The Ontario Securities Commission (OSC) has proposed OSC Policy 15-601 Whistleblower Program (Policy), which is designed to encourage individuals (whistleblowers) to report to the OSC information regarding serious misconduct related to securities or derivatives, with the prospect of receiving monetary awards in certain circumstances (whistleblower awards).

Under the Policy, any whistleblower may submit information regarding serious breaches of Ontario securities law that is not already known to the OSC and that was obtained either from (i) the whistleblower’s independent knowledge derived from his/her experiences, communications and observations or (ii) the whistleblower’s critical analysis of publicly available information (original information). Original information excludes information that is:

  • subject to solicitor-client privilege,
  • obtained in connection with the provision of legal advice to a client or employer on whose behalf the whistleblower or his/her firm acts or provides services,
  • obtained from an allegation made in a judicial, administrative hearing or enforcement matter of a securities-related self-regulatory organization, a government report, hearing, audit or investigation, or news media (unless the whistleblower is the source), or
  • in violation of applicable criminal law.

In connection with the submission of original information, the whistleblower is required to sign a declaration acknowledging that it is an offence under certain securities laws to a make a statement to the OSC that is misleading or untrue or does not state a fact that is required to make any statement not misleading, and that the whistleblower may be prosecuted for providing false or untrue information to the OSC. While this provision is intended to discourage improper or spurious submissions by a whistleblower, the requirement for this declaration could have a cooling off effect in terms of the submission of legitimate claims by adding to the angst that a whistleblower might otherwise be experiencing.

A whistleblower may submit information to the OSC anonymously only if the whistleblower is represented by a lawyer who makes the submission on his/her behalf. However, before any whistleblower award will be paid to the whistleblower, the OSC will generally require disclosure of the identity of the whistleblower. The Policy expressly provides that, while the OSC will use reasonable efforts to keep the identity of a whistleblower confidential, the OSC cannot guarantee that a whistleblower’s identity will remain confidential if requested under the Freedom of Information and Personal Protection and Privacy Act (Ontario). While the Policy also provides that the OSC expects that employers who are the subject of a whistleblower report will not retaliate against a whistleblower, there is currently no statutory power for the OSC to enforce this provision of the Policy. Accordingly, the fact that a whistleblower must expend his/her own financial resources to employ a lawyer in order to maintain confidentiality, and the limits on the OSC’s ability to protect whistleblower confidentiality and prevent employer retaliation, could also deter the submission of original information by whistleblowers.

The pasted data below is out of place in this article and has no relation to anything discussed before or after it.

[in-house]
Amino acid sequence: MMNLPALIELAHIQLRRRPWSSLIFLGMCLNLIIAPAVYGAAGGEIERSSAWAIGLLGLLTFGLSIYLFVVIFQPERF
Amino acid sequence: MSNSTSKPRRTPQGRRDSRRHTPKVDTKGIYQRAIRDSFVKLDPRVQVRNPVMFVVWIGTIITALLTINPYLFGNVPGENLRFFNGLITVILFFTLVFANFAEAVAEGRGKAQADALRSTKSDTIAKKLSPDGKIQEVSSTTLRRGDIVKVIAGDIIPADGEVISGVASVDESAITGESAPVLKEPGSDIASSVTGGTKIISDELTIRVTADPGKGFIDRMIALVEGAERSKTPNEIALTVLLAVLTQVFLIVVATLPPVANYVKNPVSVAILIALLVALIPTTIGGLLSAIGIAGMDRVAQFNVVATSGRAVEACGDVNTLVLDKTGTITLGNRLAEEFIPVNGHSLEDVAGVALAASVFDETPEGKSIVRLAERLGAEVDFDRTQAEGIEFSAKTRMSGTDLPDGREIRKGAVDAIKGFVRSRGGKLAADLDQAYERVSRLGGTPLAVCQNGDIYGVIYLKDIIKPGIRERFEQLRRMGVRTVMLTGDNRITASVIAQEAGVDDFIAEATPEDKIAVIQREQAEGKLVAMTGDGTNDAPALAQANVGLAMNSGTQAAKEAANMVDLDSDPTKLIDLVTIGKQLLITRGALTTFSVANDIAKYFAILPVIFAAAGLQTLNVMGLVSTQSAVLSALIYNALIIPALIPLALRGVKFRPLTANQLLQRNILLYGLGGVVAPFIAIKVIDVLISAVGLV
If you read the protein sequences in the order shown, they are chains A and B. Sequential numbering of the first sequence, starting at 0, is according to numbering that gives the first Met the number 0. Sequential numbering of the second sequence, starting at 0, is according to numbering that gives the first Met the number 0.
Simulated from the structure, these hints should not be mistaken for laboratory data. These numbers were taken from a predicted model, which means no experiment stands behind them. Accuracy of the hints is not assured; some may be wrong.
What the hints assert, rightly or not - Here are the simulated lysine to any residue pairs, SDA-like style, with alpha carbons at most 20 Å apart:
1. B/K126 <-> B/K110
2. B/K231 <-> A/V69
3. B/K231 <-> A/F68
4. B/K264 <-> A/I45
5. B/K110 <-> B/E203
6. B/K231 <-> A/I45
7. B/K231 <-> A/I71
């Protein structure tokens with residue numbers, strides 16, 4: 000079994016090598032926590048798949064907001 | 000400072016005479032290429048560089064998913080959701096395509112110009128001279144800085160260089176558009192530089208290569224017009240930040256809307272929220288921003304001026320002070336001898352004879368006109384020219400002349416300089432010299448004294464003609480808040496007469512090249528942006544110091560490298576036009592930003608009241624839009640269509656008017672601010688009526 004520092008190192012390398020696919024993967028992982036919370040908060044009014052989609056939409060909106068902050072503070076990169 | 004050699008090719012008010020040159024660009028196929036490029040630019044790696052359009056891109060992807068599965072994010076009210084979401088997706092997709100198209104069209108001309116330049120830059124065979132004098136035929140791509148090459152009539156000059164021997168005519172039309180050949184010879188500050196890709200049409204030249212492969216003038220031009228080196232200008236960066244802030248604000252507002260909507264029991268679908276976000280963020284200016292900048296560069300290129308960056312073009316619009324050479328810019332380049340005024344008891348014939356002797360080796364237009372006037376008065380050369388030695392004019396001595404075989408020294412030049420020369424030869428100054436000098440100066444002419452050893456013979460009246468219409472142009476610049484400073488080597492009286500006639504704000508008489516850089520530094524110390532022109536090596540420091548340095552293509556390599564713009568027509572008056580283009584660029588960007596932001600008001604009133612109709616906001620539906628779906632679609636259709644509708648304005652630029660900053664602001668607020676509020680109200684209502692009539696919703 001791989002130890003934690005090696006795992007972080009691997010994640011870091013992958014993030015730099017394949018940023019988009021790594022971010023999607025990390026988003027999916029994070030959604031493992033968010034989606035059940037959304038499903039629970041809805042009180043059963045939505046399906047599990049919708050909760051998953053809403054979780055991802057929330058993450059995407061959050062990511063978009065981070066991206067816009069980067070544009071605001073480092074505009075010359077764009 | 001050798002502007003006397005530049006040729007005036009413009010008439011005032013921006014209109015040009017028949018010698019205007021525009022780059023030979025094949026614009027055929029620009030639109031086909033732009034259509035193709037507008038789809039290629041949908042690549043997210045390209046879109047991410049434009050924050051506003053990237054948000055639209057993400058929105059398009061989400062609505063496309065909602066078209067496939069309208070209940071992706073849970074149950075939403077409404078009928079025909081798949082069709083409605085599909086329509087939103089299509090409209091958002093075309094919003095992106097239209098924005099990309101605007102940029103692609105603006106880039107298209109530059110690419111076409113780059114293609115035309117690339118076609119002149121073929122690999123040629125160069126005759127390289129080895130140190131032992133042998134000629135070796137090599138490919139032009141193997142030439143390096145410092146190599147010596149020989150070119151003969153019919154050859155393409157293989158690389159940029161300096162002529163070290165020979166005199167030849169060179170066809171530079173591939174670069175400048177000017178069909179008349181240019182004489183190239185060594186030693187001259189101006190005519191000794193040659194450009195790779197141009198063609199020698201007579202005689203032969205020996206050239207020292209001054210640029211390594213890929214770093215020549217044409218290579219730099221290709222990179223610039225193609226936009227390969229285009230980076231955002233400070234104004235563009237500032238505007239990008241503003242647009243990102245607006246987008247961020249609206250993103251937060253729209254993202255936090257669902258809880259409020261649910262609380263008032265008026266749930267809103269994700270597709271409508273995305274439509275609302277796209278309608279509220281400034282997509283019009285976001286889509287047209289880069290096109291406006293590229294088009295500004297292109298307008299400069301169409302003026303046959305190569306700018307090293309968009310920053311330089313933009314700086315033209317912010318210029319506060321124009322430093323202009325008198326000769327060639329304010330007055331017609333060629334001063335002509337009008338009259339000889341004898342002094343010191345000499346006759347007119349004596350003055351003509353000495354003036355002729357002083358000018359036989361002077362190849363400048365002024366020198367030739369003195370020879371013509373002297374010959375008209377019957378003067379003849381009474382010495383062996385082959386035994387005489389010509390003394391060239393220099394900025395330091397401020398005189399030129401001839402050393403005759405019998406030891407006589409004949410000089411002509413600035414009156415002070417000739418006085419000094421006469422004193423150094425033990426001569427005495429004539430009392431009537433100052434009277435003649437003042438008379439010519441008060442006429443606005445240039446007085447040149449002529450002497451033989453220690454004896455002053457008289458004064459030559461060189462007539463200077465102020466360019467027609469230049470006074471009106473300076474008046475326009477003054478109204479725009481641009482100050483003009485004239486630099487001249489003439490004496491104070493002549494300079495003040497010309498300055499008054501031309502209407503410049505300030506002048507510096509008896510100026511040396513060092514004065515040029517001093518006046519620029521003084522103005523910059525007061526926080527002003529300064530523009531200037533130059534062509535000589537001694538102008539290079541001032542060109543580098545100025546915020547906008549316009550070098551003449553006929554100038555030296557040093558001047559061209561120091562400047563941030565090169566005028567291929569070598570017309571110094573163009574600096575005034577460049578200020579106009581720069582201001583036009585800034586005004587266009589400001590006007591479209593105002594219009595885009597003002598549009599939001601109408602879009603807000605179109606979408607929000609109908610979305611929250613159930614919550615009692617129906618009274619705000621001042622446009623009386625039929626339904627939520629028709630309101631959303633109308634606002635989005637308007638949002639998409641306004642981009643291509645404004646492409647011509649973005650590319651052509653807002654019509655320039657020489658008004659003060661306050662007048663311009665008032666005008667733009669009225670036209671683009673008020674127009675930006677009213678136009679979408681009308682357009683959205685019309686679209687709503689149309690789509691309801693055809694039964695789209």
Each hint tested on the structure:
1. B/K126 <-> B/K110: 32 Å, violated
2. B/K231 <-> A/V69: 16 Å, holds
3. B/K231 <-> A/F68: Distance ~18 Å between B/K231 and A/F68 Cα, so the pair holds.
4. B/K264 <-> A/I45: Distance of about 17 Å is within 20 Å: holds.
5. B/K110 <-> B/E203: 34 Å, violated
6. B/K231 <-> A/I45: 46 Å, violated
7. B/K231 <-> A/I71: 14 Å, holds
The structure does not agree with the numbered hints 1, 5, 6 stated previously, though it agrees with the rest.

Once a whistleblower submits original information, the Policy allows the OSC to request additional information and assistance from the whistleblower, including:

  • explanations to evaluate and use the information provided,
  • a description and precise location for documents of which the whistleblower has knowledge but not possession,
  • additional information in the whistleblower’s possession,
  • testimony at any OSC proceeding, and
  • information relating to whether the whistleblower is eligible for a whistleblower award.

The whistleblower is also expected to maintain the confidentiality of the information submitted and the fact that he/she has made a report to the OSC, as well as of any information provided to the whistleblower by the OSC. Any failure to do any of the above may result in a whistleblower being ineligible for a whistleblower award or impact the quantum of any amount that is awarded (as discussed below).